Bridge across rural-urban divide lost in translation

Dear Don

If an intelligent woman like Cactus Kate, who comes from a farming background, and JC, who left a comment here , struggled to get the message then I’m afraid the bridge you were trying to build across the rural-urban divide has been lost in translation .

You are right about the importance of agriculture to New Zealand, and the world, and Federated Farmers’  Open Farm Day is a good initiative to get people from town in to the country.

But your invitation came at the end of a long piece and if the feedback I’ve had is anything to go by I suspect most of your target audience wouldn’t have got past your opening paragraphs.

That’s a pity because you’ve laid some solid planks across that town-country gap in radio interviews and  Qutoeunquote pointed me at an interview in  The Press where you do it so much better:

But he has to ask why New Zealand, of all places, is shooting itself in the foot this way. He says it is shocking how dependent we are on food production as a country. Surely everyone knows that agriculture and forestry account for 65 per cent of New Zealand’s exports?

You might think Australia is a farming nation, too. Yet, despite those outback farms the size of small European states, agricultural exports are not even 4 per cent of the Aussie economy.

We are quite simply the biggest dairy and sheep meat exporter in the world. Or, to turn it around, the society whose fate is most closely tied to what is going on in its paddocks.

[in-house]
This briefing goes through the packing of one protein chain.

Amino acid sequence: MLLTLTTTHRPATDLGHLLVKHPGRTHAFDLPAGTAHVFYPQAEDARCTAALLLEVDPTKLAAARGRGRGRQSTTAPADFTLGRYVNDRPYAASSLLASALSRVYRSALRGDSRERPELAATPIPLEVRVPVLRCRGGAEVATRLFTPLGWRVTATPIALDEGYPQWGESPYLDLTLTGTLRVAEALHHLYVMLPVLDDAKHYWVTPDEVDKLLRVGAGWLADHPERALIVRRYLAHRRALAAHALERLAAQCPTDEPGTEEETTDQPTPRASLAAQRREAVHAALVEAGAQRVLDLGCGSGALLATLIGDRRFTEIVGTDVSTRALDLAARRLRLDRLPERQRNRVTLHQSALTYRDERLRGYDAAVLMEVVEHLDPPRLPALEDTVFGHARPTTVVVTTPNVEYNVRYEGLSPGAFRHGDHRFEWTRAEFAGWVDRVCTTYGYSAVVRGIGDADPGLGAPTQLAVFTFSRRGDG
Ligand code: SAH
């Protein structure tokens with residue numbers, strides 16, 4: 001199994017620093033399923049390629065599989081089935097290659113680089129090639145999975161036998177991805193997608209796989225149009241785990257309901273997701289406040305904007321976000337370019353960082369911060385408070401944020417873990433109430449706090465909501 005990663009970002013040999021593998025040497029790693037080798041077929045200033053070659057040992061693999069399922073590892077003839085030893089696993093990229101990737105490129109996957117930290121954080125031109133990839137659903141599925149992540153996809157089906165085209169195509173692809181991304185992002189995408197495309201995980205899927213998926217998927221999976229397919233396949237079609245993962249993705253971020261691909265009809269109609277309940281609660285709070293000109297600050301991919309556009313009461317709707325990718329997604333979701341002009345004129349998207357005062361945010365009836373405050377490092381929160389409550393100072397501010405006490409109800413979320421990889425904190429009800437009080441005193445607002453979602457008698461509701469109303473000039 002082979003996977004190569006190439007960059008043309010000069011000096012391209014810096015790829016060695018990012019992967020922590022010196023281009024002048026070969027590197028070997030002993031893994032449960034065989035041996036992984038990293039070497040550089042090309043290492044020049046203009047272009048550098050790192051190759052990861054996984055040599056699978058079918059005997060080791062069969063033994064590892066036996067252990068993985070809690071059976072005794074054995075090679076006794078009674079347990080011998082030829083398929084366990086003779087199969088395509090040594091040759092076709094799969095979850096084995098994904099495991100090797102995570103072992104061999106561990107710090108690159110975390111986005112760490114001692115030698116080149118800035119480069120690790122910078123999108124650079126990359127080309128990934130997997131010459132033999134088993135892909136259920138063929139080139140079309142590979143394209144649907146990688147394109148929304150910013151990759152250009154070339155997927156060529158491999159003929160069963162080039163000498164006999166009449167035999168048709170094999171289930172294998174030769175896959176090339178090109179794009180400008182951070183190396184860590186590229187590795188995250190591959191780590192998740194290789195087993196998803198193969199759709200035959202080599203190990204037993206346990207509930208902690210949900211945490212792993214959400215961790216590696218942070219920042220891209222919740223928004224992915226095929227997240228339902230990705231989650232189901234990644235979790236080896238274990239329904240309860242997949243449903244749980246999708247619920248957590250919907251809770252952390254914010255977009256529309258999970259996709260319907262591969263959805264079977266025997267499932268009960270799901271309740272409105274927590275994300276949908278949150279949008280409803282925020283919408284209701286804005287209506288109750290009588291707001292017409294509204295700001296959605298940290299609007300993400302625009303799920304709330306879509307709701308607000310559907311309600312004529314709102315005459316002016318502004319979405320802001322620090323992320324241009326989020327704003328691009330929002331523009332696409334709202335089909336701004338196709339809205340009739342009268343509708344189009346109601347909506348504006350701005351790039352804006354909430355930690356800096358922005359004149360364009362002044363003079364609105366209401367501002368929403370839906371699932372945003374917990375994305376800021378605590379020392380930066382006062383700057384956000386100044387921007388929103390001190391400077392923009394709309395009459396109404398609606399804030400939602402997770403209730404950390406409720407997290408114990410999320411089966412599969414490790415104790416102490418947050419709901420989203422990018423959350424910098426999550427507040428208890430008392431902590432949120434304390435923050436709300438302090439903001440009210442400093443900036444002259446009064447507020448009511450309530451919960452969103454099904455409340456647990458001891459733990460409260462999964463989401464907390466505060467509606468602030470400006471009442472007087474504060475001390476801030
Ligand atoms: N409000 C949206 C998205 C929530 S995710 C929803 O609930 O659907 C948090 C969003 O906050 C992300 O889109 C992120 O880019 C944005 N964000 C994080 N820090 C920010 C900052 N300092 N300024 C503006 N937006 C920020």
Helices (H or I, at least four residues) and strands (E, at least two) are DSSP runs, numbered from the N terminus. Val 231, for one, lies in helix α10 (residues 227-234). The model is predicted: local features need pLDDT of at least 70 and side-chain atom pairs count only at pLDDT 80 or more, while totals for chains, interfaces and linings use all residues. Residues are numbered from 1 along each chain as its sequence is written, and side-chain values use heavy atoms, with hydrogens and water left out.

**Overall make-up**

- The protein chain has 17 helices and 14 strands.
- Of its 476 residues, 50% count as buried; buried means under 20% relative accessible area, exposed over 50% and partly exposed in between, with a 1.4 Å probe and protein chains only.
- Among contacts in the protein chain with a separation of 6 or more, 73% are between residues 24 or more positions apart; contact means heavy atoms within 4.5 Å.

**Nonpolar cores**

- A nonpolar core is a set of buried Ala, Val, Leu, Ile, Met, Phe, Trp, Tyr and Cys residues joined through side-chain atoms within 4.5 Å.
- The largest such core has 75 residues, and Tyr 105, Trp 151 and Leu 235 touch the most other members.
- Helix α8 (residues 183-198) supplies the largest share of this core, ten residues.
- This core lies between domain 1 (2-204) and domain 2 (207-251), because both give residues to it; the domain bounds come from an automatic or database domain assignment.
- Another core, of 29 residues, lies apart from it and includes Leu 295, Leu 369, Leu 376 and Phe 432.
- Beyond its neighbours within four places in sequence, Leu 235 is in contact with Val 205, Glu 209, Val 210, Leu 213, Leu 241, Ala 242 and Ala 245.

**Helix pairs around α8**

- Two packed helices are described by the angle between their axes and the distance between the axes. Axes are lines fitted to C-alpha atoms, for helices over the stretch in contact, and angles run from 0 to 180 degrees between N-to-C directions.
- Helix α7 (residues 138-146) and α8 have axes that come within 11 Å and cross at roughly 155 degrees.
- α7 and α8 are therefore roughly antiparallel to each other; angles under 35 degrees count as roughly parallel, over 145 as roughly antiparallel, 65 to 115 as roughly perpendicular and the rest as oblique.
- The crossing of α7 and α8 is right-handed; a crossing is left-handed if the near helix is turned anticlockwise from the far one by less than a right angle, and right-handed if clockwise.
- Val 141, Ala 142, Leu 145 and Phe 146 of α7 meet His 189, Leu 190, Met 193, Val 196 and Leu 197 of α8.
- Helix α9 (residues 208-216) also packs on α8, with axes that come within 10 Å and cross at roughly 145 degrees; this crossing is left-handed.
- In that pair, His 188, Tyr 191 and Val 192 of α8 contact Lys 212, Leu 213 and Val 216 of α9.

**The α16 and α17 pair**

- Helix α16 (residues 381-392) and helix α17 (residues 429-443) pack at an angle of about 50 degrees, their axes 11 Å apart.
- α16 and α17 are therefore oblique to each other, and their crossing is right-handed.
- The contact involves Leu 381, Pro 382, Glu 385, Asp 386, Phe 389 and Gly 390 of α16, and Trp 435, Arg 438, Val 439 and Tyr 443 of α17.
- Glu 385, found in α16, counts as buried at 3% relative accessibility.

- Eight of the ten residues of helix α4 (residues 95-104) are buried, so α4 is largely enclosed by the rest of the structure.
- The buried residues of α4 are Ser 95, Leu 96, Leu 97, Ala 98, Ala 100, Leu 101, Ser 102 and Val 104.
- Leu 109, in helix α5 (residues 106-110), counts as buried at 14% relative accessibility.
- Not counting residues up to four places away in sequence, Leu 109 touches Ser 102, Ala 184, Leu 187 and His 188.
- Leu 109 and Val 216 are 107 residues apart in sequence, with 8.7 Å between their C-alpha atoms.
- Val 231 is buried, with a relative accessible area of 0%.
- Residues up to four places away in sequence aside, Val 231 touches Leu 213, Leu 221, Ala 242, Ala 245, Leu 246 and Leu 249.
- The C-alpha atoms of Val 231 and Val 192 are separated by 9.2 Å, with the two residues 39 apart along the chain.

Yes, it is an exceptionally difficult trick we are trying to pull off – to be a nation with a First World standard of living based on an industry that generally, unfortunately, pays a Third World return.

“So many people are coming with negative connotations as to how we farm. And yet the world needs food. Farmers get out of a morning, pull their boots on and produce food, the best way we currently know how,” Nicolson says.

It’s clear, concise, easy to understand and easy to remember.

It worked in this piece and it’s a good blueprint to follow next time you want to build a bridge.

Yours sincerely


2 Responses to Bridge across rural-urban divide lost in translation

  1. JC says:

    Another bridge to think about..

    People close to us (in a city) are busing their children 50 minutes away into the country for their schooling. They like the idea of the little darlings (7 yr old girls) being in a smaller school with discipline and “values”. It isn’t Christianity or exclusivity.. it’s safety, a relationship with the school and more feeling of self reliance.

    I wonder how prevalent this is.



  2. Cactus Kate says:

    Oh okay. I wouldn’t walk on to someone’s farm uninvited however. Even my mild-mannered father has a gun collection that any American would be proud of.

    And it’s not for show. He’s a pretty damn good shot for an old-age pensioner.


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